Coronavirus the biggest humanitarian disaster since WWII: Red Cross
The global coronavirus outbreak is heading towards the biggest humanitarian disaster since the Second World War, the Red Cross fears. "The Covid-19 pandemic is a crisis on a scale that we don't know yet," Robert Mardini, head of the International Red Cross, said to RTL Nieuws. "Everyone around the world is somehow affected by the crisis, personally and professionally."
The Dutch branch of the aid organization already took action in the Netherlands, focusing mainly on collecting protective equipment for healthcare workers and supporting the elderly and the vulnerable. Volunteers at Red Cross helplines offer a listening ear to people who are lonely, or afraid. But according to the Red Cross, the problems go much farther than that.
According to Frido Herinckx, who coordinates global relief efforts for the International Red Cross, this disaster is different than anything we've seen before. "A 'normal' disaster is confined, such as an earthquake in a specific area. Then we, for example, send mobile hospitals and help to one place. But at the moment, the whole world is facing the same crisis and it is questionable whether others can send help."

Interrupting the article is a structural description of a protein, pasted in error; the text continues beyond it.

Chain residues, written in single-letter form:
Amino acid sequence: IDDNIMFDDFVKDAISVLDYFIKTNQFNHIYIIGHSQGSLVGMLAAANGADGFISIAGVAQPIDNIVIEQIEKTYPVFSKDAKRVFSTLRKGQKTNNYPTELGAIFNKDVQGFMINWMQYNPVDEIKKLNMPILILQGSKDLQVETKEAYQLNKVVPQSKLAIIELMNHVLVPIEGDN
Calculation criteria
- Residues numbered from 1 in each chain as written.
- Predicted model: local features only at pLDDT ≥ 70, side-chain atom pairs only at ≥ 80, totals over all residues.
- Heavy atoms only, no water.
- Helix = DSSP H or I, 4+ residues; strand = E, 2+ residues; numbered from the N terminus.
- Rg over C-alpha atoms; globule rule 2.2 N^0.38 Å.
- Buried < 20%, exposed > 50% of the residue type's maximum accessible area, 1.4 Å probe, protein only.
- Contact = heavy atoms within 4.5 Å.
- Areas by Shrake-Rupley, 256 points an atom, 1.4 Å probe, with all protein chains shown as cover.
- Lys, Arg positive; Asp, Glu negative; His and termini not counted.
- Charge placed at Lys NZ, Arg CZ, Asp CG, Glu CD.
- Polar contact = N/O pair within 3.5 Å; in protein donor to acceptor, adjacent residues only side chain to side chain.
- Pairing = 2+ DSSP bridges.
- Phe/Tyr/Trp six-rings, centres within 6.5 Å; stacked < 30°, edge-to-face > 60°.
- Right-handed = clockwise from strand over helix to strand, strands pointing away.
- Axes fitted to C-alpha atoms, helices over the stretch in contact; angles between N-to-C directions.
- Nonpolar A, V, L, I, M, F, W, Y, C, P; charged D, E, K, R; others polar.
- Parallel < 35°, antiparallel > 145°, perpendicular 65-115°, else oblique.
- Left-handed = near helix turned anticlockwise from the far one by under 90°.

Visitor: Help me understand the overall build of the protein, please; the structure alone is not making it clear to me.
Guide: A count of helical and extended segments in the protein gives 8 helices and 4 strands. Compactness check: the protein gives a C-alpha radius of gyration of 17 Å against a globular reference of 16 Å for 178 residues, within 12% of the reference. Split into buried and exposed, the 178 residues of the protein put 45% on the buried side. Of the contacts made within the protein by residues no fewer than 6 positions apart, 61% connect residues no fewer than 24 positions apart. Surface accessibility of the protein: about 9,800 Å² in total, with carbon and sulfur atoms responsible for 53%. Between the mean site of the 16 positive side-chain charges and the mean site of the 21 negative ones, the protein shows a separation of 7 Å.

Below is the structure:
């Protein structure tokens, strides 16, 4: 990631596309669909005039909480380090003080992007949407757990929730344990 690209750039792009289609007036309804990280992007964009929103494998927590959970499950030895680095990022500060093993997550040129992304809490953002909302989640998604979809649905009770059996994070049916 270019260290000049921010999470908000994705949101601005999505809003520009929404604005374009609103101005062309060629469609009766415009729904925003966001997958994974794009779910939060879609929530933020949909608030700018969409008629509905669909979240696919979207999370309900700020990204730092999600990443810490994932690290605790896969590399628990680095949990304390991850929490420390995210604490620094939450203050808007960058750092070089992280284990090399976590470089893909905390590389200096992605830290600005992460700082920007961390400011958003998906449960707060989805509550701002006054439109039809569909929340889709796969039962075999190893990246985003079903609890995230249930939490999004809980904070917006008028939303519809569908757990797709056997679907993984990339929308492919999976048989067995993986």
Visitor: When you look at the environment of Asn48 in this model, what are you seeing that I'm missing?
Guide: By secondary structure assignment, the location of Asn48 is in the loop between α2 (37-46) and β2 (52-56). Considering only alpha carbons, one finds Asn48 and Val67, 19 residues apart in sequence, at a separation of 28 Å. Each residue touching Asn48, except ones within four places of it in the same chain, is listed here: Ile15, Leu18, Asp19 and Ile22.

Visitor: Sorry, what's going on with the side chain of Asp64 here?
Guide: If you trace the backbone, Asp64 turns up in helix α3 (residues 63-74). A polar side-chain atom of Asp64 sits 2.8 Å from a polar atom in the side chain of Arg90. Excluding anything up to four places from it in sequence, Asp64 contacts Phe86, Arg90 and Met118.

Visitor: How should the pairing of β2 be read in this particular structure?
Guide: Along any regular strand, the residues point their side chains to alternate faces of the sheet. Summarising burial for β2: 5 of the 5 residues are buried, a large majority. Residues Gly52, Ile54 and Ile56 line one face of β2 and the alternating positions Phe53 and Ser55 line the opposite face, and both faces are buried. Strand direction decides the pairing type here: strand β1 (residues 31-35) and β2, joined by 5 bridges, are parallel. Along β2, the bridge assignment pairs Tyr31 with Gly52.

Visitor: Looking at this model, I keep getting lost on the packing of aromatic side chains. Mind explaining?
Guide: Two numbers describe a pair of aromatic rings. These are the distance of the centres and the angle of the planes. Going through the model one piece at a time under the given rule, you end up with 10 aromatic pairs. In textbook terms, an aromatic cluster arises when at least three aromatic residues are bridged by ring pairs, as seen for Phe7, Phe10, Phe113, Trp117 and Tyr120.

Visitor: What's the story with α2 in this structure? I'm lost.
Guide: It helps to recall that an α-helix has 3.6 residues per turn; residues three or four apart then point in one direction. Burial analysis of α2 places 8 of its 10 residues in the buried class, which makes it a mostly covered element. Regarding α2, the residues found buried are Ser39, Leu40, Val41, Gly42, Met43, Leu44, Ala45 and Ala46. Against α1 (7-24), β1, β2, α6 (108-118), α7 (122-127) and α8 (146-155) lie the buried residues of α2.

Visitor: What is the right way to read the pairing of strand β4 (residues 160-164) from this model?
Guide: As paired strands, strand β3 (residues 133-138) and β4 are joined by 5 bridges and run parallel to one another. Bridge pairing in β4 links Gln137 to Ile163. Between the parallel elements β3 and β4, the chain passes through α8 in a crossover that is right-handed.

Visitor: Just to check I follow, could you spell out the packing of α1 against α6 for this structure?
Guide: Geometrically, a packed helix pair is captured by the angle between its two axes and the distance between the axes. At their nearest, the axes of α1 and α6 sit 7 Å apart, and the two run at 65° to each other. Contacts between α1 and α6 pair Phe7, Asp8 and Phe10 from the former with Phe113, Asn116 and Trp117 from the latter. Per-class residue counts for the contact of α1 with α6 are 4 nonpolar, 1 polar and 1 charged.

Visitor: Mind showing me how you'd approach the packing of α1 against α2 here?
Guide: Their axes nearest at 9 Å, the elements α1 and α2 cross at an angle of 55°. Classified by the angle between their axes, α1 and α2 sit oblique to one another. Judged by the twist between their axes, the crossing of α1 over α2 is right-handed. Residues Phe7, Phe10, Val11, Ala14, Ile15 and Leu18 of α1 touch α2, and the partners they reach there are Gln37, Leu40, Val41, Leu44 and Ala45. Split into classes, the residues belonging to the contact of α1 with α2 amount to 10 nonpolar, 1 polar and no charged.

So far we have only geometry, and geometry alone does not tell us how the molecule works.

The impact on a country like the Netherlands, with its high quality healthcare system, is already enormous, Herinckx said. "It is hard to imagine what happens if the virus also gains a foothold in areas where hospitals have been destroyed and where basic things like clean water and soap are not available. Let alone intensive care beds and respiratory equipment." In the north of Mali, for example, over 90 percent of all medical facilities were destroyed in conflict. "How can we expect them to test and treat people with the coronavirus?"
The Red Cross opened Giro 7244 last month to raise money for aid with the coronavirus. Almost 700 thousand euros have been raised so far, but that is not nearly enough. The Red Cross thinks it will need 758 million euros to help vulnerable people worldwide and prevent the spread of the virus. "Because it is so unpredictable where the virus will emerge first, it is important that we can act as quickly as possible," Herinckx said to the broadcaster. "Because will there be an outbreak in Syria, South Sudan or Yemen in two months? Or everywhere at once?"